Recipient genetic determinants of inflammatory process and nonstandard atherosclerosis risk factors affect kidney graft function early posttransplantation.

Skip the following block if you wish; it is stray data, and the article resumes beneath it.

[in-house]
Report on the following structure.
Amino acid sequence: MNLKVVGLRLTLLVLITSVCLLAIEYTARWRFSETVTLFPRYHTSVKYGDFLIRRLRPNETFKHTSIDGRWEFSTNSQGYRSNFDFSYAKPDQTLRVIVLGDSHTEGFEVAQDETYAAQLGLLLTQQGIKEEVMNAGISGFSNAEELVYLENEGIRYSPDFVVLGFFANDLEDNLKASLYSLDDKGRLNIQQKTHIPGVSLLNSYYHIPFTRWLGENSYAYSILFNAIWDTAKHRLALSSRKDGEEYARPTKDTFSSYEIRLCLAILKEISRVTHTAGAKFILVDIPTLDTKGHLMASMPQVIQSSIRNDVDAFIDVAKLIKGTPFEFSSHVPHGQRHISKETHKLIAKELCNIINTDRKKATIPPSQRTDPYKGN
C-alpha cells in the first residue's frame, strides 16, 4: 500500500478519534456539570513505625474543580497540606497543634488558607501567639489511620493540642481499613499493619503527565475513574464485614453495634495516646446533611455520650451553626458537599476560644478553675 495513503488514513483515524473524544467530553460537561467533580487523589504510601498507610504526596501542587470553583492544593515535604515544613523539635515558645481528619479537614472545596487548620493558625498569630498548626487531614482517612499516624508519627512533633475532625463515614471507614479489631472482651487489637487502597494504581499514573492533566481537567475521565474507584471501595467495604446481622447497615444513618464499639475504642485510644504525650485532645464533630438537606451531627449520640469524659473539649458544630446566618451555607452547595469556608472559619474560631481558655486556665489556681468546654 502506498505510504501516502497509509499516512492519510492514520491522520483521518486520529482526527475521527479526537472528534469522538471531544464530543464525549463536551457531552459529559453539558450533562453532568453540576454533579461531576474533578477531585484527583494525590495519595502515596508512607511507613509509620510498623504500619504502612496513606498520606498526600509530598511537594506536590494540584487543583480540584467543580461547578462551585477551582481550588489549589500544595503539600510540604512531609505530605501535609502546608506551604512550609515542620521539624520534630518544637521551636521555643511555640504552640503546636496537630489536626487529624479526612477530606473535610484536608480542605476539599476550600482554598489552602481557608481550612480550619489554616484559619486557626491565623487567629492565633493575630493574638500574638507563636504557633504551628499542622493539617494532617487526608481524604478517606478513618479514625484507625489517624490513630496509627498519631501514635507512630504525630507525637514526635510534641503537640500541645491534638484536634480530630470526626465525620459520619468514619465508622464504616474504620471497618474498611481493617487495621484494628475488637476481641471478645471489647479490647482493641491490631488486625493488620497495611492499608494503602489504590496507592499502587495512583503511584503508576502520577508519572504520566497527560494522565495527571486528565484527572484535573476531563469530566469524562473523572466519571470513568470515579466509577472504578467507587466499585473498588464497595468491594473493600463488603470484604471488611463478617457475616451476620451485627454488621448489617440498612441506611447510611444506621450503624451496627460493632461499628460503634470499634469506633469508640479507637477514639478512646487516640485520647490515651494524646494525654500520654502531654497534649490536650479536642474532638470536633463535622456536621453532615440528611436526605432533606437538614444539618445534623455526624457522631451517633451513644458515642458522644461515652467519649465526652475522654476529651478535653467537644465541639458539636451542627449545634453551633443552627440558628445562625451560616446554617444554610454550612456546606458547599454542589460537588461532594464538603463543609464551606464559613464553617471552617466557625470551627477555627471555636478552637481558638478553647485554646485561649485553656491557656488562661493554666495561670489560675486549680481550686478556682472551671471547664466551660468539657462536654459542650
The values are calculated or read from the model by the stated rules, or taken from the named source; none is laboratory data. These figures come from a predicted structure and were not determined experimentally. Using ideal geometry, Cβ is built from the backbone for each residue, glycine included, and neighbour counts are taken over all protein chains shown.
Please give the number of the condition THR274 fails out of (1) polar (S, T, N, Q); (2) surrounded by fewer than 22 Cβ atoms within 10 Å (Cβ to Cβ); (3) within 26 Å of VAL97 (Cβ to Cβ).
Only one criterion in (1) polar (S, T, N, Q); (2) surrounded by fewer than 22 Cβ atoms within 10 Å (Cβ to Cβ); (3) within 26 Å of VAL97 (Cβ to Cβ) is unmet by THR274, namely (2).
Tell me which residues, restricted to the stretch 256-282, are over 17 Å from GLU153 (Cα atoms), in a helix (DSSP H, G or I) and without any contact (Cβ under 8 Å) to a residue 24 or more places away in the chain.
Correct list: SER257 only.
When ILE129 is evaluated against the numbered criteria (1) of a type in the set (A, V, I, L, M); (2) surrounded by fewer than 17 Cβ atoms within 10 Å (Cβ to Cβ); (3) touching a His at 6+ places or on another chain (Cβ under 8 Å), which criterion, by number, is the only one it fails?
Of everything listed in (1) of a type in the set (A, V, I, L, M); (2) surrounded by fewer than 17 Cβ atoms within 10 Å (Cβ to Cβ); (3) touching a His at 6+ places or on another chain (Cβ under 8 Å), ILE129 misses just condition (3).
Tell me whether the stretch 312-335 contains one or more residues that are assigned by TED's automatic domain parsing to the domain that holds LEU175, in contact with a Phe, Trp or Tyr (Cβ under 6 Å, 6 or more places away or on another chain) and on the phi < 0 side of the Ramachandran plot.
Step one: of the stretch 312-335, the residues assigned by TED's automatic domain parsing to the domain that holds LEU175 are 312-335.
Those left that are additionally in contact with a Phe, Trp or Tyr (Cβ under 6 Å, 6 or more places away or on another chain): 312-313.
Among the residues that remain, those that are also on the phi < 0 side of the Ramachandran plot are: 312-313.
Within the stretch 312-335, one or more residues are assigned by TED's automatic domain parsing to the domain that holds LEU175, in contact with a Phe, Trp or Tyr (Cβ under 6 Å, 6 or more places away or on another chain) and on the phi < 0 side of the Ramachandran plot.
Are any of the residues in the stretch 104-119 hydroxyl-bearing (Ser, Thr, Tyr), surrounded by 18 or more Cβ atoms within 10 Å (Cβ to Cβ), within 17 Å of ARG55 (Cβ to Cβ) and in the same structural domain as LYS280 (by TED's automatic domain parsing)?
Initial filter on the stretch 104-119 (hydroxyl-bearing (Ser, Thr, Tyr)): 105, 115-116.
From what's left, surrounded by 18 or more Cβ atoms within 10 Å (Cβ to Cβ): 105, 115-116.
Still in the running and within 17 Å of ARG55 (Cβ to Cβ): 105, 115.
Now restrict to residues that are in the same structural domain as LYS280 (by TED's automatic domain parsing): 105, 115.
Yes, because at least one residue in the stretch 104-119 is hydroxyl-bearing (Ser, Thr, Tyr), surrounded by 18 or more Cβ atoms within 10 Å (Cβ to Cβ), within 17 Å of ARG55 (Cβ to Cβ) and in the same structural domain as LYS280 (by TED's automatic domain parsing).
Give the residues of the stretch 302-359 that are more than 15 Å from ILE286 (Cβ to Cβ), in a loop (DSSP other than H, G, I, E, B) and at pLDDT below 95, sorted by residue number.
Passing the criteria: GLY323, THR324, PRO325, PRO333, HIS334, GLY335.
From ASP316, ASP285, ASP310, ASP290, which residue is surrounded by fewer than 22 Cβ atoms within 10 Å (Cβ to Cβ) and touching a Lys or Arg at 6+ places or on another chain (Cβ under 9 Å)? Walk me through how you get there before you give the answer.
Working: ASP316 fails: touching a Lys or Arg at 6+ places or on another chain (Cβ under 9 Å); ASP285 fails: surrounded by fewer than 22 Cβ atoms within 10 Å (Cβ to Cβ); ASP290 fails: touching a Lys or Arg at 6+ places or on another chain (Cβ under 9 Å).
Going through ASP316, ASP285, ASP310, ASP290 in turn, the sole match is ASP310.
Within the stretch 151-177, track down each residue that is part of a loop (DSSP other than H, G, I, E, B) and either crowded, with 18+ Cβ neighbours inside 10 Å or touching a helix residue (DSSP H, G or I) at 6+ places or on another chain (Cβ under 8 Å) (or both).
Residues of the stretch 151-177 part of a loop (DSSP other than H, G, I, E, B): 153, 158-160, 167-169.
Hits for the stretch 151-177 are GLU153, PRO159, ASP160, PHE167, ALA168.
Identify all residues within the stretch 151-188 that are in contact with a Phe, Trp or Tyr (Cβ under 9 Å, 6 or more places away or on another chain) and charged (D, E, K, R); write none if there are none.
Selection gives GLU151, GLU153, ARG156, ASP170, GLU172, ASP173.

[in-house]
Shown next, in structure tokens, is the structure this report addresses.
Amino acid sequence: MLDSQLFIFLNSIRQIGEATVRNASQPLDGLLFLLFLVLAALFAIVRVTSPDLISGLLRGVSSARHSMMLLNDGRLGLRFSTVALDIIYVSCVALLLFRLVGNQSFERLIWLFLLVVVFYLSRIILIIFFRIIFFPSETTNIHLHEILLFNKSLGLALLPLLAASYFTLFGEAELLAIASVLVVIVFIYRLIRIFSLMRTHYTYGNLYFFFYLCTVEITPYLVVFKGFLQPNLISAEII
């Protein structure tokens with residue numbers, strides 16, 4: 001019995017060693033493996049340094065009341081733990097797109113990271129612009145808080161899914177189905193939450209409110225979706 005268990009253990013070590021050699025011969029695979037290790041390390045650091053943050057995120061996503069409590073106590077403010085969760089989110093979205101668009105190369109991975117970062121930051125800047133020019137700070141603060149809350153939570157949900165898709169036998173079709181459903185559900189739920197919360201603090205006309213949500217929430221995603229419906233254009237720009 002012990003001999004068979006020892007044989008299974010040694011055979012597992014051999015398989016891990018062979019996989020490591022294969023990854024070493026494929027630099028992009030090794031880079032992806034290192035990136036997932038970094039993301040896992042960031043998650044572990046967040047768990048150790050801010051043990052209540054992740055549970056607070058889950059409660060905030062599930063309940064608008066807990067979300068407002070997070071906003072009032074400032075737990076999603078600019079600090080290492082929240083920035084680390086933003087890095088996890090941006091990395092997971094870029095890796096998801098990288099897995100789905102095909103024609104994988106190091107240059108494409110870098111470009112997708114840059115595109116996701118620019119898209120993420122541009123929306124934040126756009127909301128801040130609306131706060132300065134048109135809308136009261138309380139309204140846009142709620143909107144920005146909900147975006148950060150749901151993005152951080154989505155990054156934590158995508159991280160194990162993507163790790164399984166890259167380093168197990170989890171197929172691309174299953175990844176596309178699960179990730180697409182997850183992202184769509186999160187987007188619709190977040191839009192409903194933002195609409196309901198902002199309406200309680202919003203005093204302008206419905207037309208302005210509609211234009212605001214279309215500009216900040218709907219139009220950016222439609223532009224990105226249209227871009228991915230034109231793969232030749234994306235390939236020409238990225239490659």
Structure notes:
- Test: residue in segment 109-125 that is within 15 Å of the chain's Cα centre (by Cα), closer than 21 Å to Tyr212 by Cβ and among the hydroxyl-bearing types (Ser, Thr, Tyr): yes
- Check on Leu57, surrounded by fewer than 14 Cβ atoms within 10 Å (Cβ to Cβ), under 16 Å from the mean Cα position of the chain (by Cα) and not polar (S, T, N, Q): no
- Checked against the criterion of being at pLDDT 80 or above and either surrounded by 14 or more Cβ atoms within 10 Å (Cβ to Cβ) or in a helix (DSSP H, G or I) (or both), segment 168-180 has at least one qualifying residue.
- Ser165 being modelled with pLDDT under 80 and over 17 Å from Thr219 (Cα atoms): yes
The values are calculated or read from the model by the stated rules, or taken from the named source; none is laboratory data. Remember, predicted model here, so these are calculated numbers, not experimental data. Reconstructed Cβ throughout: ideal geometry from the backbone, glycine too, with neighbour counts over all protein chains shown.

We analyzed the connections between recipient genetic features and 12-month graft function. The gene polymorphisms of myeloperoxidase (MPO), interleukin (IL)-1beta, IL-6, C-reactive protein (CRP), fetuin A, and homocysteine and their gene product concentrations were correlated with 12-month kidney transplant function. The 125 kidney recipients had at least 12 months of follow-up (average, 30.9 +/- 13.0 months). IL6-174G/C, IL1beta 3954C/T, MTHFR 677C/T, MTHFR 1298A/C, AHSG 1/2 SNPs were determined using SSP-polymerase chain reaction (PCR) and MPO-463G/A and CRP- 390C/T/A with RLFP analysis. Enzyme-linked immunosorbent assay (ELISA) was applied to estimate MPO, fetuin A, IL-6, and IL-1beta; FPIA was applied for L-homocysteine concentrations. The highest CRP values were linked to the presence of the TT genotype. We observed a positive correlation of CRP concentrations and GFR. Lower fetuin A concentrations were linked to the 256Ser allele, and higher levels to better graft function. Worse graft function was inversely associated with serum homocysteine concentrations. Two polymorphisms (CRP and fetuin A) showed functional consequences in recipients. None of the examined genetic determinations influenced long-term graft function. Higher values, although still within the normal range of CRP concentrations on the day of transplantation and 3 months thereafter, were related to greater values of eGFR at 12 months, suggesting that the higher intensity of the inflammatory reaction may be a manifestation of more effective healing of an ischemia reperfusion injury. Both homocysteine and fetuin A showed long-term prognostic importance.